Designed by the Valerio Dewalt Train Associates, the new LeRoy Neiman Student Center at the School of the Art Institute of Chicago (SAIC) addresses a challenge faced by many urban colleges lacking a main campus: the need for a "home base" for students. It occupies the first two floors of a historic Chicago brick tower designed by Holabird and Roche, with a new, open, sculptural stair connecting the two.
The LeRoy Neiman Student Center combines offices and spaces for meeting, studying, lounging, and dining while offering a sense of identity to the student body. The facility is fully equipped with high-end audiovisual technology, providing opportunities for student interactions and presentations. The 1,000-square-foot student gallery provides the school with a street-level presence and includes a video wall for high-tech visual art. The program/event space hosts events for up to 80 people. The student leadership suite can be configured as one large room or two smaller ones for activities and meetings.
The main donor for the student center was the artist LeRoy Neiman, an SAIC alumnus who achieved a great deal of commercial success. According to his bequest, Summertime in the Indiana Dunes, created in 1965 for the Mercantile National Bank in Indiana, was to be mounted in the project. This proved to be a design challenge, because the mural is eight feet high and more than 50 feet long. VDTA created a special viewing area for the painting in the lobby of the building. The painting had to be bent to fit; it turns a 90-degree corner. The result is a striking visual display at the building's entrance.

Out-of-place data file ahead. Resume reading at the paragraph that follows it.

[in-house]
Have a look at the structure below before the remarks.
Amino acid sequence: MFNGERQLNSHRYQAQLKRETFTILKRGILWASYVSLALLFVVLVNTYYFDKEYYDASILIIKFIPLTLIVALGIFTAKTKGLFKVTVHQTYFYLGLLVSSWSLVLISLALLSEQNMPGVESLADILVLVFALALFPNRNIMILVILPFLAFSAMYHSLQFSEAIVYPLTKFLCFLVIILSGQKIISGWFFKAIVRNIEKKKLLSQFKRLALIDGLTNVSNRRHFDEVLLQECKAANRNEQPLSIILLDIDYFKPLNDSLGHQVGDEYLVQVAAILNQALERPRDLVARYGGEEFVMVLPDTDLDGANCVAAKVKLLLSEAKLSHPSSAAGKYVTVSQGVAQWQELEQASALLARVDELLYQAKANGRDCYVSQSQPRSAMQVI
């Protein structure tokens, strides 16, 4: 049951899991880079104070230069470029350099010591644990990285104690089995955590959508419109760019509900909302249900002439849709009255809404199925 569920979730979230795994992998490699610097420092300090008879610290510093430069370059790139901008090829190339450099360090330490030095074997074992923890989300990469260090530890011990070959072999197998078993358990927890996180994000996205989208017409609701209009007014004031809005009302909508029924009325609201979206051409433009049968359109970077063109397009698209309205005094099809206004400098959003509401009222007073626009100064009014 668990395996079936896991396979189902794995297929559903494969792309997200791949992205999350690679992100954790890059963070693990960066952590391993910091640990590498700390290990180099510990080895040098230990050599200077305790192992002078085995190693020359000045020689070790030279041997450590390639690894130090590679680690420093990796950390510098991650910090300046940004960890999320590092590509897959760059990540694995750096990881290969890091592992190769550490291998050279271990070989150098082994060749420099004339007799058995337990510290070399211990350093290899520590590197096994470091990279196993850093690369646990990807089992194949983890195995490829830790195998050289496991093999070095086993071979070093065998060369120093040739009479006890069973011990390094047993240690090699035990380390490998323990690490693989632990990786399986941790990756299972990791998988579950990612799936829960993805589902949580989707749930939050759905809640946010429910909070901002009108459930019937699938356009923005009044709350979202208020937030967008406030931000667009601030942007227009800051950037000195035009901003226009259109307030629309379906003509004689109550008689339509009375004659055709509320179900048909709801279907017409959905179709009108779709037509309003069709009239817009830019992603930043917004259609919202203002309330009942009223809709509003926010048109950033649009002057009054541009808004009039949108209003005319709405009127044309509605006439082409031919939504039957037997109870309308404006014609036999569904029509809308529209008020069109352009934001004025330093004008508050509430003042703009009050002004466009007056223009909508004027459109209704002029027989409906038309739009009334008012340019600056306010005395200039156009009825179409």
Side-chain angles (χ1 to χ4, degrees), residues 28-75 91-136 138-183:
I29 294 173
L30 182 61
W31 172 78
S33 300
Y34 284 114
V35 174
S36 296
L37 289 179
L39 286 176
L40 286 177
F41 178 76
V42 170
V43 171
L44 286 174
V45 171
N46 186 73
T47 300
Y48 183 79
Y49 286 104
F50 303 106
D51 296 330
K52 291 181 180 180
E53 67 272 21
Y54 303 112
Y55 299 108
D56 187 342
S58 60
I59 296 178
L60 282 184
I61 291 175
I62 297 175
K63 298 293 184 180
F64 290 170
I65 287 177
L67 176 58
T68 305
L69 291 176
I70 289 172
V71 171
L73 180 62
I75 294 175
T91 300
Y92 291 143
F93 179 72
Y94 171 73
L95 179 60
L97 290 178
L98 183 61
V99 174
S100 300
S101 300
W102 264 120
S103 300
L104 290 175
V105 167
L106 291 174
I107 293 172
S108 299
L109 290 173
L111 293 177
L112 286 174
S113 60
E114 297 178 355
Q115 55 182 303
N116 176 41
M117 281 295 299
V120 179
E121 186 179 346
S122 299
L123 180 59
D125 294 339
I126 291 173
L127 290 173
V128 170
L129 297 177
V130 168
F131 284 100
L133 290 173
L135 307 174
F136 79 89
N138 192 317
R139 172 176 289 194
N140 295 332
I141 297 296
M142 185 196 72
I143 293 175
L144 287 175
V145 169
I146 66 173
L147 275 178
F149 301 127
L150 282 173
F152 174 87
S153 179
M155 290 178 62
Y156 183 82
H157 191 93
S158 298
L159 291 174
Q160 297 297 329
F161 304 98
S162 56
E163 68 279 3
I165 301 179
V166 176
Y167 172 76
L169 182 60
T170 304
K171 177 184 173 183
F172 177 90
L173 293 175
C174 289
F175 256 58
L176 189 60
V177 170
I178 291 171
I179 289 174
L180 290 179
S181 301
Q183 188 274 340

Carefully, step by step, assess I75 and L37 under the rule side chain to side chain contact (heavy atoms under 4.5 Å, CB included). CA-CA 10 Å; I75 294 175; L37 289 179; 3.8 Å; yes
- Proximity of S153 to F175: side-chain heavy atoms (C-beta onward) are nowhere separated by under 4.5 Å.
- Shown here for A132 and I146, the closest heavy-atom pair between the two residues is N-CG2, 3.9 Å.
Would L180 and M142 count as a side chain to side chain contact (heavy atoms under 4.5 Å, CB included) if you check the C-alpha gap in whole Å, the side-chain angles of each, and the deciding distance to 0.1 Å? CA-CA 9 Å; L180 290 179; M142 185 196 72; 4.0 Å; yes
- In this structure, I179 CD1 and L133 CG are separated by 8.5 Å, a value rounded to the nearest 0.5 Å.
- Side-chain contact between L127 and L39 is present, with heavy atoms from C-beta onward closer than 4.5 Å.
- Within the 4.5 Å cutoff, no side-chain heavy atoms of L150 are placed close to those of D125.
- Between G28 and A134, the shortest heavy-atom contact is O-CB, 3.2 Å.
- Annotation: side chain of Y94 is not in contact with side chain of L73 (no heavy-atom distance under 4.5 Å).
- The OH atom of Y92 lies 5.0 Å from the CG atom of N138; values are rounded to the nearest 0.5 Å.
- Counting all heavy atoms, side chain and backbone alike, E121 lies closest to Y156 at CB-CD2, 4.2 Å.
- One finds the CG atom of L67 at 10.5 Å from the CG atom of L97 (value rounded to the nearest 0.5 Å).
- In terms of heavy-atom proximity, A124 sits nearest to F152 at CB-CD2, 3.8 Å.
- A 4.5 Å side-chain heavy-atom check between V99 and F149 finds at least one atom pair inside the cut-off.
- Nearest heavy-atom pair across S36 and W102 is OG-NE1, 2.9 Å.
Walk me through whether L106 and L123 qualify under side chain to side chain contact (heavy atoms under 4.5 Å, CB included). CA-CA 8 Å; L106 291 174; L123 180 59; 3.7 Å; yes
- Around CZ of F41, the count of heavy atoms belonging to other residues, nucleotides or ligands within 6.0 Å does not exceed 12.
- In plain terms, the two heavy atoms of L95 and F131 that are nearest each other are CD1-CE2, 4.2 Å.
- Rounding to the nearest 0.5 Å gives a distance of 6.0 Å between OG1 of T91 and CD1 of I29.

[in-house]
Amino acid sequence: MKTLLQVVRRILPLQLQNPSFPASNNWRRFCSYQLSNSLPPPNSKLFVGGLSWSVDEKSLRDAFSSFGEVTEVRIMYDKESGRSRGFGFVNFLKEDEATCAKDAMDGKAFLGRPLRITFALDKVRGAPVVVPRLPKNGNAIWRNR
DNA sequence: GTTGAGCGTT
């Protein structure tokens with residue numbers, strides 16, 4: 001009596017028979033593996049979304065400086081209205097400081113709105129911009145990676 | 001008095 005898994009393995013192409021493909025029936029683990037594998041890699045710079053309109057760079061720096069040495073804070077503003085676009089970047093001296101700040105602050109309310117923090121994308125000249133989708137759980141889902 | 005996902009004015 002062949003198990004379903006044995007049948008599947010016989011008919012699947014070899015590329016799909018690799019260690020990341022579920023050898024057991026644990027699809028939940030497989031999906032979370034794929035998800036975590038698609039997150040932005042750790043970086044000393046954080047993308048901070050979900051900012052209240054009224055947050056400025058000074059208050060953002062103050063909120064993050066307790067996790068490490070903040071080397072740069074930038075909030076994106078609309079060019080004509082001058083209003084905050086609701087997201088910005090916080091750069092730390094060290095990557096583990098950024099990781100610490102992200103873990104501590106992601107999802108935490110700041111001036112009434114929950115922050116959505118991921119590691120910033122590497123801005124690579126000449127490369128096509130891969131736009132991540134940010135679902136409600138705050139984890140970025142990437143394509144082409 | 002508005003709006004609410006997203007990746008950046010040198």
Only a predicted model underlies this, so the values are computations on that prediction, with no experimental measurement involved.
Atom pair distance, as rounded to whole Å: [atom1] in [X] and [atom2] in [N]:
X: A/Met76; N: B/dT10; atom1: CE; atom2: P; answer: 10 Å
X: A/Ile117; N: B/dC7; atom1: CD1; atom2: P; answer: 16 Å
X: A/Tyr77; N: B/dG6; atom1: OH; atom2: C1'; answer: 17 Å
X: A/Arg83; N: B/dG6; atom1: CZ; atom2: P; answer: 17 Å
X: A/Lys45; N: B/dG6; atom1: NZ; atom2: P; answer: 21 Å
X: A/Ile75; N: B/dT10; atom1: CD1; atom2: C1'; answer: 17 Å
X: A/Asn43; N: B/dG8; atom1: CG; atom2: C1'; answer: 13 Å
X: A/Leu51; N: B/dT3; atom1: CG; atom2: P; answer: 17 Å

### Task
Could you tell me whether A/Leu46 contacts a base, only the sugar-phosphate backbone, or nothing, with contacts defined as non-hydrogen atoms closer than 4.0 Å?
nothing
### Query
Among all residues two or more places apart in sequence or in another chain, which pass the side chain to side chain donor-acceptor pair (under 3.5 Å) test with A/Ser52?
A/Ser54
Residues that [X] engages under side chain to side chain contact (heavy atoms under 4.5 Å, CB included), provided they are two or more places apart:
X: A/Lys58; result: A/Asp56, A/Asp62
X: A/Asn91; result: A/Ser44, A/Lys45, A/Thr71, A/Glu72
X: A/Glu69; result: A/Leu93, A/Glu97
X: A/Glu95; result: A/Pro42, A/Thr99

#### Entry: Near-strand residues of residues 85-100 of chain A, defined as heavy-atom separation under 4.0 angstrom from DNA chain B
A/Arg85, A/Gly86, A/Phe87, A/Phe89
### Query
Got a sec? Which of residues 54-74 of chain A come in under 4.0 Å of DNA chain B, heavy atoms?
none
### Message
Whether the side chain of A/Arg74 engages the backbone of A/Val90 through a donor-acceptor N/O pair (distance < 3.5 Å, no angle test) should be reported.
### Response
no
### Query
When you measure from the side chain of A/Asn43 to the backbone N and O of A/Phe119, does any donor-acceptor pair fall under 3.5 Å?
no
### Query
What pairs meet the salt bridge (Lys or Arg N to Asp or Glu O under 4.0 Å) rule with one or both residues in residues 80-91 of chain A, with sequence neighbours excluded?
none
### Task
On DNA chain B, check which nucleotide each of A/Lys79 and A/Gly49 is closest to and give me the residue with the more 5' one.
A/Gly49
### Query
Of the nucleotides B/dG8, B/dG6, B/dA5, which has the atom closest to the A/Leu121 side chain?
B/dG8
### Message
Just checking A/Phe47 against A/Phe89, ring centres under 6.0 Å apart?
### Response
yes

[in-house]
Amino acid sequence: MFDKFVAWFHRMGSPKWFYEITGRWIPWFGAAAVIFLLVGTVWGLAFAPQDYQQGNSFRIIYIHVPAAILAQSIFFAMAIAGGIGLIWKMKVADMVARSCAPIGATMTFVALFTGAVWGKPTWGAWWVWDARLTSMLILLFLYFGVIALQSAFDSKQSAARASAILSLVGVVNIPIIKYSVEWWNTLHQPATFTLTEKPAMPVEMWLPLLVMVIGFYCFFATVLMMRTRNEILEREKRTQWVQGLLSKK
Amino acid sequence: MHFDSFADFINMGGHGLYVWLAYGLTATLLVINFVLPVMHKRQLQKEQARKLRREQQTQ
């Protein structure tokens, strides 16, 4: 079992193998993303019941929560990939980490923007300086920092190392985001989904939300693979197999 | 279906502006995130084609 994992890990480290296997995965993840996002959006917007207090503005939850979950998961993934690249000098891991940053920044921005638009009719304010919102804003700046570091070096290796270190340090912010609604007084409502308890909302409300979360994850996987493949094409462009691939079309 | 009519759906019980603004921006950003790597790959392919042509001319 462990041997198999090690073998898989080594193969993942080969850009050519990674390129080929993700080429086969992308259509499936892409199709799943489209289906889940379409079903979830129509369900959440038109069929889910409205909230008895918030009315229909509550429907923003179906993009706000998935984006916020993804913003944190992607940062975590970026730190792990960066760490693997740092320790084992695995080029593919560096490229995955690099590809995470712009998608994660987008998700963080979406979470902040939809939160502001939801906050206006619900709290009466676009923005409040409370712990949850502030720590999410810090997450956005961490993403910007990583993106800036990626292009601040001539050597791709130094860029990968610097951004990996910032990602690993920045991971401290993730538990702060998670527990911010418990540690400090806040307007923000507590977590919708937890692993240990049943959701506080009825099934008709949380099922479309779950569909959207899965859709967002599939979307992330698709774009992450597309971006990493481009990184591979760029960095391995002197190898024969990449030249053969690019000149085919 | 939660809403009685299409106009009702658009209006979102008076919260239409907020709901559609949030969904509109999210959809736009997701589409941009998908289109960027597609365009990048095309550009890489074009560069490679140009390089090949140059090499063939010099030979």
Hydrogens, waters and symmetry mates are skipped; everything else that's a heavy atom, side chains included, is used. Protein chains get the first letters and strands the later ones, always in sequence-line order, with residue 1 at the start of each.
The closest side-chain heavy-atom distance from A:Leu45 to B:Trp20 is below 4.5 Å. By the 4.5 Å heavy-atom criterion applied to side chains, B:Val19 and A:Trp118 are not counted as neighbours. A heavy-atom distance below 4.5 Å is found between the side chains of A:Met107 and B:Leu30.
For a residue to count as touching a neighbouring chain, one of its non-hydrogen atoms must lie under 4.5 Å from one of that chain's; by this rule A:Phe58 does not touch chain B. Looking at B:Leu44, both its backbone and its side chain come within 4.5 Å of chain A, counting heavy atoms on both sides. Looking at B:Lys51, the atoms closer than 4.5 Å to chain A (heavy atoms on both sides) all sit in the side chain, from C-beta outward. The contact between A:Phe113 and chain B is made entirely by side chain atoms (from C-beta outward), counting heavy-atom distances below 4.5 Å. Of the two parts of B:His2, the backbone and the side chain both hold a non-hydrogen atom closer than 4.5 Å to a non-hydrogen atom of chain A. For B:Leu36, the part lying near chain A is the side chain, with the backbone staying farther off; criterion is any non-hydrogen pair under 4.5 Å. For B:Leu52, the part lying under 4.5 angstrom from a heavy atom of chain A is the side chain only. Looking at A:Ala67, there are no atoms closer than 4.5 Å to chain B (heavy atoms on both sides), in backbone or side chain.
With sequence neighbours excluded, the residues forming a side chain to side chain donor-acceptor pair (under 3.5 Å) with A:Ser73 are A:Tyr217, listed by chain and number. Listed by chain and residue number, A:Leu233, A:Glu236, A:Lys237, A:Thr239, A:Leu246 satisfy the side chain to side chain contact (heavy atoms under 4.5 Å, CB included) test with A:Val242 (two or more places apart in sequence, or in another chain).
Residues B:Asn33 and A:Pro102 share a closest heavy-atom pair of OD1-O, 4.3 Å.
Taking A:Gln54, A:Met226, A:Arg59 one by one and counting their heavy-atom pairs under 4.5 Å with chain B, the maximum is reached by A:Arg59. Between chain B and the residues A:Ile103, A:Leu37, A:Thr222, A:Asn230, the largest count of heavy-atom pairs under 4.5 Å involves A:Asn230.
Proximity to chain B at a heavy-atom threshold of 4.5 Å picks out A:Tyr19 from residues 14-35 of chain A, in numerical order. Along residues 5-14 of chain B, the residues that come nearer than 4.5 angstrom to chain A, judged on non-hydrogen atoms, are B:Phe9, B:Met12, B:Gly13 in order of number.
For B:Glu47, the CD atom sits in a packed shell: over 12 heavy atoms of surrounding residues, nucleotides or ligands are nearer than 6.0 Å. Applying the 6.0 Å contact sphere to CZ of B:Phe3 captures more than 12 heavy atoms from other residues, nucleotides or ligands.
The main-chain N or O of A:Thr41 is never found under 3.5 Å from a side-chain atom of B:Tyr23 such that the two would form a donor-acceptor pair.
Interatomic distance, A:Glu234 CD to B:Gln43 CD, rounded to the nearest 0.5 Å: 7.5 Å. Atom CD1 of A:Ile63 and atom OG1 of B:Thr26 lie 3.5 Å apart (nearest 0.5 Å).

Adjacent to the Sharp Building is Legacy at Millennium Park, a new 50-story condominium tower built on property formerly owned by SAIC and incorporating the facades of several existing buildings into its base. In a unique arrangement, SAIC traded part of the Sharp Building's first floor in exchange for several floors at the base of the Legacy tower. This allowed the Legacy's developers to create a residential lobby connected to the Sharp Building; the entire area was renovated as one project. Classrooms and private graduate studios in the Legacy offer new learning spaces to support continued campus growth. The new wing has exposed concrete floors and structure, generous ceiling heights, and an eye-level view of the Chicago El tracks. Special glazing and acoustical wall treatments absorb noise from passing trains.